Advocacy at Home: Top Ten Ways to Make a Difference

Advocating for oneself, a family member, or an issue that matters to you or SBA is easier than you think! The key is to utilize available resources, be clear in what it is you are seeking, and be polite and persistent in your efforts. Making a difference for people with Spina Bifida can happen anywhere!

SBA provides you with these “top ten tips” for ways you can engage in advocacy at home, in your own community, to bring your voice forward to the benefit of yourself, loved ones, and other individuals and families affected by Spina Bifida.

  1. Recognize that you are an expert in Spina Bifida – no one knows better what people with Spina Bifida need and deserve than you! That means that you have knowledge, understanding, experience, and insight that others do not; they need to hear from you directly so they can know what policies, procedures, situations, or circumstances need to be changed to better meet the needs of people with Spina Bifida and to help improve quality of life for those affected. You have the power to do this just with your own voice…and we can help!
  1. Review this advocacy section on SBA’s Web site. The Web site is great tool to use to stay informed on issues of importance to the Spina Bifida Community, as well as a great tool to learn about advocacy opportunities. It’s our job to stay on top of the issues for you.
  1. Sign-up to receive advocacy email action alerts from SBA and respond to the occasional requests to take action. Every day SBA is working to improve quality of life and quality of care for people affected by Spina Bifida – but we need your help! Action alerts are only issued a few times a year when your elected officials in Washington, D.C. are in a position to make a difference for our community and they need to hear from people in their districts and states. SBA makes it really easy for you by giving you sample written messages and linking you directly to your elected.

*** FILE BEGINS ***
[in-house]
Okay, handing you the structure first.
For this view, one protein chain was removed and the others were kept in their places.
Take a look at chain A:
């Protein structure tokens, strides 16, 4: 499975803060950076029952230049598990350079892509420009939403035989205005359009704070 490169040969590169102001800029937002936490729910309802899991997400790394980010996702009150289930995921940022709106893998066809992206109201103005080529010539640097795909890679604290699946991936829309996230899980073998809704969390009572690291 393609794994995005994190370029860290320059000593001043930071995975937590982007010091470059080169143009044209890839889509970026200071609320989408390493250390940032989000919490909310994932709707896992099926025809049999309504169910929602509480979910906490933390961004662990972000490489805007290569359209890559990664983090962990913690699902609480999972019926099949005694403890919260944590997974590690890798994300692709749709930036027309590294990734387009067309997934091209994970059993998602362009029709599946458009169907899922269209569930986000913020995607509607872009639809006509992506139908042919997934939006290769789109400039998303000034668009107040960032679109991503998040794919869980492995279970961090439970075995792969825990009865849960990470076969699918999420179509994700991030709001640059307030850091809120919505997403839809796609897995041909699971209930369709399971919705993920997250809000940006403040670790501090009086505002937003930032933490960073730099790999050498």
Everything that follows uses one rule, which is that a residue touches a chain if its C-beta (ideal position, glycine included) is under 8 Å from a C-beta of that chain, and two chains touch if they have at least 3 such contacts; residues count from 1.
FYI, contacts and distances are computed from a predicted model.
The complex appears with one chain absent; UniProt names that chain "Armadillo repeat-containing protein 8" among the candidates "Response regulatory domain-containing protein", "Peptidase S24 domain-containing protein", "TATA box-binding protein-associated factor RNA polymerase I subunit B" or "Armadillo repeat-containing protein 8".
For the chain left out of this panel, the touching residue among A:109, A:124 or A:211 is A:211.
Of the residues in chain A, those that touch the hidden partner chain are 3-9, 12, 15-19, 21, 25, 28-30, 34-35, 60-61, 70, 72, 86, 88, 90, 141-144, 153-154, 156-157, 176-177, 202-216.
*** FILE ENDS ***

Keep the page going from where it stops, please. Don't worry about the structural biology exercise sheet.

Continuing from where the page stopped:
1. Recruit your friends and family to advocate for the Spina Bifida community. More and more people are realizing the power they have to influence policymakers – but that means the Spina Bifida Community needs to bring more voices calling for action on our concerns. Asking your friends, family members, and neighbors to sign-up for SBA’s advocacy email action alerts or to join the SPEAK for SB program helps us immensely.
  1. Know who represents you - in the state legislature and in Washington, D.C. and how to reach them. One of the easiest, but more important ways you can make a difference is to know who represents you at all levels of government. You can look up your Members of Congress right from our website!
  1. Keep up-to-date on what your elected officials are doing by reviewing their Web sites and signing-up for their newsletters and other notices. Most elected officials have website, electronic newsletters, and other forms of communication to keep their constituents (the people who live and vote in their jurisdictions) up-to-date on key issues and inform them of their positions. These newsletters and other notices are free – just sign-up for them on your policymakers’ Web sites.